“It’s the definition of insanity to keep doing the same things but expect different results.”

The traditional model of how organizations should work is broken. Large organizations are often structured through command-and-control, where strategy is set at the top and the people below execute. Employees see only their individual project, instead of understanding their contribution as a product and their place in the end-to-end flow of value to customers. Costs explode and dissatisfaction sets in.

Instead of command-and-control, knowledge workers need autonomy and principle of mission. Small cross-functional teams aligned across business outcomes can take a product perspective based on feedback from real customers. When employees are aligned on outcomes, rather than outputs, they feel a sense of ownership and responsibility.

When the UK’s Government Digital Service decided to put all central government services in the UK under the single domain GOV.UK, it took a process more associated with startups than large government agencies. Multidisciplinary teams, consisting of specialists in everything from government policy to software development to content design took responsibility for entire products involved with the domain.

GOV.UK ended up saving the British government £50 million, and was so successful that the government decided to take the same approach across different branches. Services for for citizens were streamlined and transformed.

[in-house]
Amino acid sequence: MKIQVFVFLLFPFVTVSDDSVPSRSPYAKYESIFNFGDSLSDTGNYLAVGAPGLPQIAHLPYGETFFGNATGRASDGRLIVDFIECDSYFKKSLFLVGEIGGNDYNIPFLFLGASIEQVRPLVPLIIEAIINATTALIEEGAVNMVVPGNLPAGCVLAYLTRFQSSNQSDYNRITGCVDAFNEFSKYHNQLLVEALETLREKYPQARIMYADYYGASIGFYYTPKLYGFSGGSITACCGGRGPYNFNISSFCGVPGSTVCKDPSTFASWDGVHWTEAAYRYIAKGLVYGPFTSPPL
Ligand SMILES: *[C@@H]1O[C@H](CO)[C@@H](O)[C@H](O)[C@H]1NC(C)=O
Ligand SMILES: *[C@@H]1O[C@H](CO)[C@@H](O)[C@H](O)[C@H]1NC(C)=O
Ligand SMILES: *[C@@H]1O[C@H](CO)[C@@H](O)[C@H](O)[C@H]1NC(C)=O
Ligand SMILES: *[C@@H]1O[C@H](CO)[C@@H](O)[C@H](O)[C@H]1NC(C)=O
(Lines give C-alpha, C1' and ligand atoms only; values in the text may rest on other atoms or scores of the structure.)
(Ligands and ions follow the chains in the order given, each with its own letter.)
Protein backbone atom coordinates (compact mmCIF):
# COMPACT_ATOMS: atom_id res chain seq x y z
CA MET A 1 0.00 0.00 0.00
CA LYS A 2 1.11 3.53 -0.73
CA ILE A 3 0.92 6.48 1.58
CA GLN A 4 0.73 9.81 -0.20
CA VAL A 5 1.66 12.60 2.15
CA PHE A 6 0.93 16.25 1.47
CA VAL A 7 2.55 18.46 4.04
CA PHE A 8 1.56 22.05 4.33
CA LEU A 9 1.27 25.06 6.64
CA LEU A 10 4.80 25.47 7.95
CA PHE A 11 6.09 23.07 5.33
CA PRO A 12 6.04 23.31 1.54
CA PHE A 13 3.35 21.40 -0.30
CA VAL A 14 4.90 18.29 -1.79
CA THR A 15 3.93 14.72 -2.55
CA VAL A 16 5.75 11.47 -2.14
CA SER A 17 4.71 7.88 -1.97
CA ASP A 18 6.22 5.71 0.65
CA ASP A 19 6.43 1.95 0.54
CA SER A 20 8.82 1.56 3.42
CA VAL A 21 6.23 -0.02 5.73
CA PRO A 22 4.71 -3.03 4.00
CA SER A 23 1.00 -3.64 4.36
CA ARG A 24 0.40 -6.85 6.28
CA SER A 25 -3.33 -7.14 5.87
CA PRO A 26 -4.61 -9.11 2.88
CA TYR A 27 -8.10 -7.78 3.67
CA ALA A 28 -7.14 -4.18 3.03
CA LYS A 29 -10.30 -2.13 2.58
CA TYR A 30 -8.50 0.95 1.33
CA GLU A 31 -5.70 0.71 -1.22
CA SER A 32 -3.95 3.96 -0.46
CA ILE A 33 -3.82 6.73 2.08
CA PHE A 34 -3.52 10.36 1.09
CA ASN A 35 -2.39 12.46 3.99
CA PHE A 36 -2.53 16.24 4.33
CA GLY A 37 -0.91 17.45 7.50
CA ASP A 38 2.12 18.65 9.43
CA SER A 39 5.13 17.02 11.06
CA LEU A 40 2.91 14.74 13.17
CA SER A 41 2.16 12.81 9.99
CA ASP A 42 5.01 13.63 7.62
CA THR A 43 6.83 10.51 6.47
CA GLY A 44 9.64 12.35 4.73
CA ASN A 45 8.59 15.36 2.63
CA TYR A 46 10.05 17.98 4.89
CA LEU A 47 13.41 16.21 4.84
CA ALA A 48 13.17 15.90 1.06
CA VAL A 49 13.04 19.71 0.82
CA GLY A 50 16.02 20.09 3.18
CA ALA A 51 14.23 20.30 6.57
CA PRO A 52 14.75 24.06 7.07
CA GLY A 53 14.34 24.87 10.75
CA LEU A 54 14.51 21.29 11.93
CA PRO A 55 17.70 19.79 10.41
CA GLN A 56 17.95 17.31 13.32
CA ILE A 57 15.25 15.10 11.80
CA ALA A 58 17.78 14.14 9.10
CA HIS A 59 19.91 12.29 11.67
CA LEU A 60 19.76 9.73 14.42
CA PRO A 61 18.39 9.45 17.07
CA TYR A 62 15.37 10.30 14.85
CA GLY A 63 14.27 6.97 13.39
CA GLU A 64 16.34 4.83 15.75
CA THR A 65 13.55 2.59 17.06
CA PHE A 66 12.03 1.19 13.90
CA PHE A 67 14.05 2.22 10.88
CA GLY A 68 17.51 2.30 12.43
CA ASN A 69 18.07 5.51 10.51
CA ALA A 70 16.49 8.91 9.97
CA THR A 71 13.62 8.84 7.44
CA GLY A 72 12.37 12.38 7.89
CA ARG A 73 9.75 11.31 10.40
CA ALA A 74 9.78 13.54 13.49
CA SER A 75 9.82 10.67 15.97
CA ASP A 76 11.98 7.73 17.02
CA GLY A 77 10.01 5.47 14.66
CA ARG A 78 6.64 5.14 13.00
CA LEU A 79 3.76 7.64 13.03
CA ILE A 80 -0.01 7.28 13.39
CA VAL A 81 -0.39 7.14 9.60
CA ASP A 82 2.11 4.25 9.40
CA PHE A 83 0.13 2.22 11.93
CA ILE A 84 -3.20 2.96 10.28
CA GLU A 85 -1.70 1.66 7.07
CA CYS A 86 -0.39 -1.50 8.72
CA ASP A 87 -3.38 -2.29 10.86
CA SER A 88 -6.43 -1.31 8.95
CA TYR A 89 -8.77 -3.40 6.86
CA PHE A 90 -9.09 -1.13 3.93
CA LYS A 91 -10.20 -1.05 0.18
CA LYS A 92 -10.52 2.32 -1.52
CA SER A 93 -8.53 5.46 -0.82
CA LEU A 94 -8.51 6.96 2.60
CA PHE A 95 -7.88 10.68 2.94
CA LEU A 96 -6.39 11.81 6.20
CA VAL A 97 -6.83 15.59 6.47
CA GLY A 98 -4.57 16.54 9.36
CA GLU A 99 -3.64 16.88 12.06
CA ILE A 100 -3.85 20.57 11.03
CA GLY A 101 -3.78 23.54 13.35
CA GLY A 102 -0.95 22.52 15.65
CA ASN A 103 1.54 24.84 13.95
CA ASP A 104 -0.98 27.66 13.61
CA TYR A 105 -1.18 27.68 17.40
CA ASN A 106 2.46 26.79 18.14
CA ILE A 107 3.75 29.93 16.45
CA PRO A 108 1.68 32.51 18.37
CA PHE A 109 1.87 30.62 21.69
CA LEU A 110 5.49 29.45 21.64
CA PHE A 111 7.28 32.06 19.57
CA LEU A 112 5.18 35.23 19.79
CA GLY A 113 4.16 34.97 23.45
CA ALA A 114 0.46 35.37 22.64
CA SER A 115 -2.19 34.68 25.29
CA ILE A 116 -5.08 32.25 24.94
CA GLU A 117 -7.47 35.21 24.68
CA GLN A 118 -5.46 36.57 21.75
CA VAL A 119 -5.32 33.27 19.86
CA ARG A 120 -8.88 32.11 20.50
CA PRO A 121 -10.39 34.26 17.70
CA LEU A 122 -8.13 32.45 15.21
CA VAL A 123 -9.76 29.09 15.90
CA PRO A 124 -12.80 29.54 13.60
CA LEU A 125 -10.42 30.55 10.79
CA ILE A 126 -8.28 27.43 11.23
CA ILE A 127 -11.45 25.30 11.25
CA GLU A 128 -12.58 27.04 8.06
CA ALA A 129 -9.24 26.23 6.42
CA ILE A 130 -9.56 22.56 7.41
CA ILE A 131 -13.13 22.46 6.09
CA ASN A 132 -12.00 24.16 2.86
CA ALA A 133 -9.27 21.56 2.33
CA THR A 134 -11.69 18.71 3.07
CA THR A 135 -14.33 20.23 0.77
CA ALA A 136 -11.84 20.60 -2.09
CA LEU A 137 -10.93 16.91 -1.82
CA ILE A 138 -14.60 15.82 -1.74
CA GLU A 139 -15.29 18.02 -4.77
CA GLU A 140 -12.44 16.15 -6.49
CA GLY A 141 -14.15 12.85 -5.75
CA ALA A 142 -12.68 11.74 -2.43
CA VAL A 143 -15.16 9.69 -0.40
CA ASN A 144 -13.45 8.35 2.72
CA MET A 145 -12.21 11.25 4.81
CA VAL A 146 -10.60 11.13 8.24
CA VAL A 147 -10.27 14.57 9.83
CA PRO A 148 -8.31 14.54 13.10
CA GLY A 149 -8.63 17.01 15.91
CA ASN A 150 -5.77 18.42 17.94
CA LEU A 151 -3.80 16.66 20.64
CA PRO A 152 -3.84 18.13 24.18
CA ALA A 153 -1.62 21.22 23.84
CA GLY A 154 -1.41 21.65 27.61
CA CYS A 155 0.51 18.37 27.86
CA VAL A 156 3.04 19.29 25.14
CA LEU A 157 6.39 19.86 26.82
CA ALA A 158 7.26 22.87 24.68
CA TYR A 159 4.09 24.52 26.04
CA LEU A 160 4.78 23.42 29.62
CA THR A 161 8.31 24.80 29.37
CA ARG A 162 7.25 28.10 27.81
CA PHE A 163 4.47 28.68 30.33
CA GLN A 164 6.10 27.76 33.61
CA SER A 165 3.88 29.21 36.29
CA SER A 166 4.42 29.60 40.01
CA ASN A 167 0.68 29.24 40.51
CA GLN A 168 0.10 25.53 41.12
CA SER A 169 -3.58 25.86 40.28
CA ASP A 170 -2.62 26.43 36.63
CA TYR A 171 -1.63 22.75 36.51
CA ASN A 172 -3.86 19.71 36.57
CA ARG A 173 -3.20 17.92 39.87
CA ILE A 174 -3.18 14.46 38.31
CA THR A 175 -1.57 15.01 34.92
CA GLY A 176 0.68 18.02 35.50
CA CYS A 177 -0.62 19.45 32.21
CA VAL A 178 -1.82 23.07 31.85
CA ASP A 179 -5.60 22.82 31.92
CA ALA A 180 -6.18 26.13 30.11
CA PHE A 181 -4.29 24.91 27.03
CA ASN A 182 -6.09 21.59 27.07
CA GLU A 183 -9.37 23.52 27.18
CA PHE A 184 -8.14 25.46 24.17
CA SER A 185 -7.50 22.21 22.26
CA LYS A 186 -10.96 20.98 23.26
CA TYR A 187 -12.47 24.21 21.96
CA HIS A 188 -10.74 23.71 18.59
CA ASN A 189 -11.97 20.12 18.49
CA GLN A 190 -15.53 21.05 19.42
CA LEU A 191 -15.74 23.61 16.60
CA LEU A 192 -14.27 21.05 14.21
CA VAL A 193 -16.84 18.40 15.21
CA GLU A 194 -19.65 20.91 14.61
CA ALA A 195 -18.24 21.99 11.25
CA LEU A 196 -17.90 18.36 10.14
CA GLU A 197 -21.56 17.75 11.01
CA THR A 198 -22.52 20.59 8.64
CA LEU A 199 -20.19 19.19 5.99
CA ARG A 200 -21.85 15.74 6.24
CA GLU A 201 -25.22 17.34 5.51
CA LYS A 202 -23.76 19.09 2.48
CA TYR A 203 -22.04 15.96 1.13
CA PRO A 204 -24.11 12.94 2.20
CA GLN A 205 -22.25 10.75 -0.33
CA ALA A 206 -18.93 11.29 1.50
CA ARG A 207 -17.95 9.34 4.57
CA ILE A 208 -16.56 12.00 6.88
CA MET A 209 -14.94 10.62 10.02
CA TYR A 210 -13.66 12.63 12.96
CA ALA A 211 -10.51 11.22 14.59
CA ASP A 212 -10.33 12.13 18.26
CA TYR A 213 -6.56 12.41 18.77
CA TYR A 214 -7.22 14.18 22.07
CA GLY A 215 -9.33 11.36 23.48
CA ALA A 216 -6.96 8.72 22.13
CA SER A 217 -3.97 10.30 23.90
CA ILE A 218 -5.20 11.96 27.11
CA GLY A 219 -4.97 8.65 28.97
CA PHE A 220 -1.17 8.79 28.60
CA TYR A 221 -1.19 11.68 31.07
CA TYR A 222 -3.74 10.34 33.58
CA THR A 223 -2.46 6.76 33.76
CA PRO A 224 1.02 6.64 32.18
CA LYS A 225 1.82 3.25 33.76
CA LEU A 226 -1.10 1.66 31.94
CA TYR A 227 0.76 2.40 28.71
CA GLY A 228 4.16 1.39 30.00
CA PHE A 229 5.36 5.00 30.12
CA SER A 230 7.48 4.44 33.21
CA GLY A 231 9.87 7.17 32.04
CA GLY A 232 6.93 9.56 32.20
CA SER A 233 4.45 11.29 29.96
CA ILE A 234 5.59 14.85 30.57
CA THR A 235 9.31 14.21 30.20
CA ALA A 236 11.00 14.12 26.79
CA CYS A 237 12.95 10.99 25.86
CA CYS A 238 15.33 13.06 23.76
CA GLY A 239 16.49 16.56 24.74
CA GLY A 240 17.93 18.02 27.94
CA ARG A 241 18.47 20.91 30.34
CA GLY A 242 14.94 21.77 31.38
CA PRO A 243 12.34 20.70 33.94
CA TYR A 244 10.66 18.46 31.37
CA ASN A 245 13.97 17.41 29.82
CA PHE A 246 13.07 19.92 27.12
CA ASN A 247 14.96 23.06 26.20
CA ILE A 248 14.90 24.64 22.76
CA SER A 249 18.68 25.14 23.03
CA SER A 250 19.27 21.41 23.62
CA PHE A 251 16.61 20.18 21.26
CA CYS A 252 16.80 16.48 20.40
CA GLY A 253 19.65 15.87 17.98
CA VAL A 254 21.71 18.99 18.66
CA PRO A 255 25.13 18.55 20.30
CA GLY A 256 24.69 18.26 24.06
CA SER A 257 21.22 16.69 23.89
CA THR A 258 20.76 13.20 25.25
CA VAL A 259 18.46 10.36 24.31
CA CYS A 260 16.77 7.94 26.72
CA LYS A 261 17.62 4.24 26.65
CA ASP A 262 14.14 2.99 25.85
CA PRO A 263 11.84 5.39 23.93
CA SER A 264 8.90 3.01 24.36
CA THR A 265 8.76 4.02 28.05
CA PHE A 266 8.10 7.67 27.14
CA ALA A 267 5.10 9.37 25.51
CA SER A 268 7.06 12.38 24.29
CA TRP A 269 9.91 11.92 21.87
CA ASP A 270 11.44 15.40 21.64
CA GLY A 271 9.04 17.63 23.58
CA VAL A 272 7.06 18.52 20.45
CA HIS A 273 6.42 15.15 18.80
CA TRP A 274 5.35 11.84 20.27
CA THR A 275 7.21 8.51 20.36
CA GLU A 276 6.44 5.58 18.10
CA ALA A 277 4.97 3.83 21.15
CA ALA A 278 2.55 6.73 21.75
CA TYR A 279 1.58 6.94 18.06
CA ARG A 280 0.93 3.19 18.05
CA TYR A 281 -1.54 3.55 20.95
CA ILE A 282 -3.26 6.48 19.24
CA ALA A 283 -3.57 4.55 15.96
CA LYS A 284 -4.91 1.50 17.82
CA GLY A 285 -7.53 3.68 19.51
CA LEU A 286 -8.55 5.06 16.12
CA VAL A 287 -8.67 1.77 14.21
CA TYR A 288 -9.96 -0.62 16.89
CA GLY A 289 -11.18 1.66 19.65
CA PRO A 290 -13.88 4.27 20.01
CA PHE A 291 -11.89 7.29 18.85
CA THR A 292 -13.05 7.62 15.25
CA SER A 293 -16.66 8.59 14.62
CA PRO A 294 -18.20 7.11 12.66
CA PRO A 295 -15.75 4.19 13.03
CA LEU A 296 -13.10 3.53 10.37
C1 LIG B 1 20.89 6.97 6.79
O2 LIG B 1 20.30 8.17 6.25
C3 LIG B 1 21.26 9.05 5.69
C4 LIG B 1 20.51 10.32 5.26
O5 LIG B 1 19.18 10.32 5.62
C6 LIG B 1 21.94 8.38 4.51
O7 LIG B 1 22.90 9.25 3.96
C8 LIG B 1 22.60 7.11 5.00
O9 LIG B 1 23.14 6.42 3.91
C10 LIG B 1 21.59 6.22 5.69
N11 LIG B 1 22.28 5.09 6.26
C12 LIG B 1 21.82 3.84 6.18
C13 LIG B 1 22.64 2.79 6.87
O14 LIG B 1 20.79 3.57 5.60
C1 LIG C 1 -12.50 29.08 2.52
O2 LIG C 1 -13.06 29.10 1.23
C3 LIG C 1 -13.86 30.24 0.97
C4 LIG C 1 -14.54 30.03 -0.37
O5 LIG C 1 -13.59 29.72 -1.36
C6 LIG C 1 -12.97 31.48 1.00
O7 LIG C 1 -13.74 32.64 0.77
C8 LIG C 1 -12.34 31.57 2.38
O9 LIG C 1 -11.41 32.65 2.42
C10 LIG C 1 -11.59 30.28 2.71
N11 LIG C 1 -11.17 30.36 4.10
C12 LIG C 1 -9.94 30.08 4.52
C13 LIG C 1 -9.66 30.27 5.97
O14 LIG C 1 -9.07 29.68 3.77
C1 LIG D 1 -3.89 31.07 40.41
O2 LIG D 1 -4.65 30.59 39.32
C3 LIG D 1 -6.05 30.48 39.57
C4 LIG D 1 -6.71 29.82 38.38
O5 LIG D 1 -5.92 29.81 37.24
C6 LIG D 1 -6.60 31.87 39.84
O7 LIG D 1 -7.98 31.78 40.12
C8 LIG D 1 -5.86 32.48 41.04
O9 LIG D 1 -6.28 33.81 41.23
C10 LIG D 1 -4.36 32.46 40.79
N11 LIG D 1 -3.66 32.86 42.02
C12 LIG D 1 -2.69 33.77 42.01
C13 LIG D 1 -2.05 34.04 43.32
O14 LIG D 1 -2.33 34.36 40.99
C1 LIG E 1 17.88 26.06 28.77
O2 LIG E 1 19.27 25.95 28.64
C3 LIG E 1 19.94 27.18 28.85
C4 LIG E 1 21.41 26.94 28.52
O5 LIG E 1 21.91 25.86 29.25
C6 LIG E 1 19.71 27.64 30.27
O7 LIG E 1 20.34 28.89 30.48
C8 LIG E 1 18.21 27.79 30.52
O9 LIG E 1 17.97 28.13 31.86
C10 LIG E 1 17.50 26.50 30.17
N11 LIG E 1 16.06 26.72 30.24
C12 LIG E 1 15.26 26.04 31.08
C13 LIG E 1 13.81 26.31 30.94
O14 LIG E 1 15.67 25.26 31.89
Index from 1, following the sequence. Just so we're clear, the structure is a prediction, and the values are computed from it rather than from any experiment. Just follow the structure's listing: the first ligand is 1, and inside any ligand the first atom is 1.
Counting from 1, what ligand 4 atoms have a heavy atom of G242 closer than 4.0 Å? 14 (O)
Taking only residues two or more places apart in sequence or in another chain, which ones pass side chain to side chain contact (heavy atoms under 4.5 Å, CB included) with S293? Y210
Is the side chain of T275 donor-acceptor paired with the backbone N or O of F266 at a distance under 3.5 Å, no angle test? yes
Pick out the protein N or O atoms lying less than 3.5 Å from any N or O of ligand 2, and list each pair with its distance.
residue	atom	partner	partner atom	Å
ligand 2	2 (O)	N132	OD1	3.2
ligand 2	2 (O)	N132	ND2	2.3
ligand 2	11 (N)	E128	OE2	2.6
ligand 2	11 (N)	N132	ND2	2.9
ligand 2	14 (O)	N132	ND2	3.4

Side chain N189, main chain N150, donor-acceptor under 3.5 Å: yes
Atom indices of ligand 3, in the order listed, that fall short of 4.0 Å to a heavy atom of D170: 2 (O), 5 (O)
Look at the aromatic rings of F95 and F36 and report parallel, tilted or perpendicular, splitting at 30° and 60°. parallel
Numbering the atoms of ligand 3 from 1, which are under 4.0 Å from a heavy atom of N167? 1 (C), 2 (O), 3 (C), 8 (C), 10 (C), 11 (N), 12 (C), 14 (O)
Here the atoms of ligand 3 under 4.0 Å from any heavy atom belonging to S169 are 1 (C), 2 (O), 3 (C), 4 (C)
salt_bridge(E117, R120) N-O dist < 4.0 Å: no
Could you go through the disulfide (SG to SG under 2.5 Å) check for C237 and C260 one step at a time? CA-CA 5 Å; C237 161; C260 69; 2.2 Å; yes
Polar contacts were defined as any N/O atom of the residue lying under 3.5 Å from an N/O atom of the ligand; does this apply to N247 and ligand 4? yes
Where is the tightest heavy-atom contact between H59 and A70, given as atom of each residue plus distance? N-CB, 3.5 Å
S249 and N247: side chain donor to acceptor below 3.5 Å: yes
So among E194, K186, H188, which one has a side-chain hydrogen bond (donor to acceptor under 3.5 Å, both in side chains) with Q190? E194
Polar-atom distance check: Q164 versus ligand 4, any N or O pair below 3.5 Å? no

It’s never too late to begin the journey towards becoming a lean enterprise. Start today, because a year from now, you’ll wish you had built that capability to adapt to change. 

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Barry O'Reilly

Barry O'Reilly

Principal - Thoughtworks, Co-author - Lean Enterprise

Barry O'Reilly works with Thoughtworks, consulting with leading global organizations on continuous improvement using lean and agile practices and principles. He has been an entrepreneur, employee, and consultant. His passion is business model innovation, product development, organizational design and cultural transformation. He is a co-author of Lean Enterprise, the latest edition to the Eric Ries Lean Series with O'Reilly Media.  

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Joanne Molesky

Joanne Molesky

Principal Associate - Thoughtworks, Co-author - Lean Enterprise

Joanne is a key member of our internal TechOps Management team, with responsibilities for IT Governance Risk and Compliance. Her passion is for finding ways to reduce risks related to software delivery and use without compromising creativity, experimentation and learning. She currently leads the global InfoSec team and is co author (with Jez Humble and Barry O'Reilly) of the book Lean Enterprise, published by O'Reilly Books.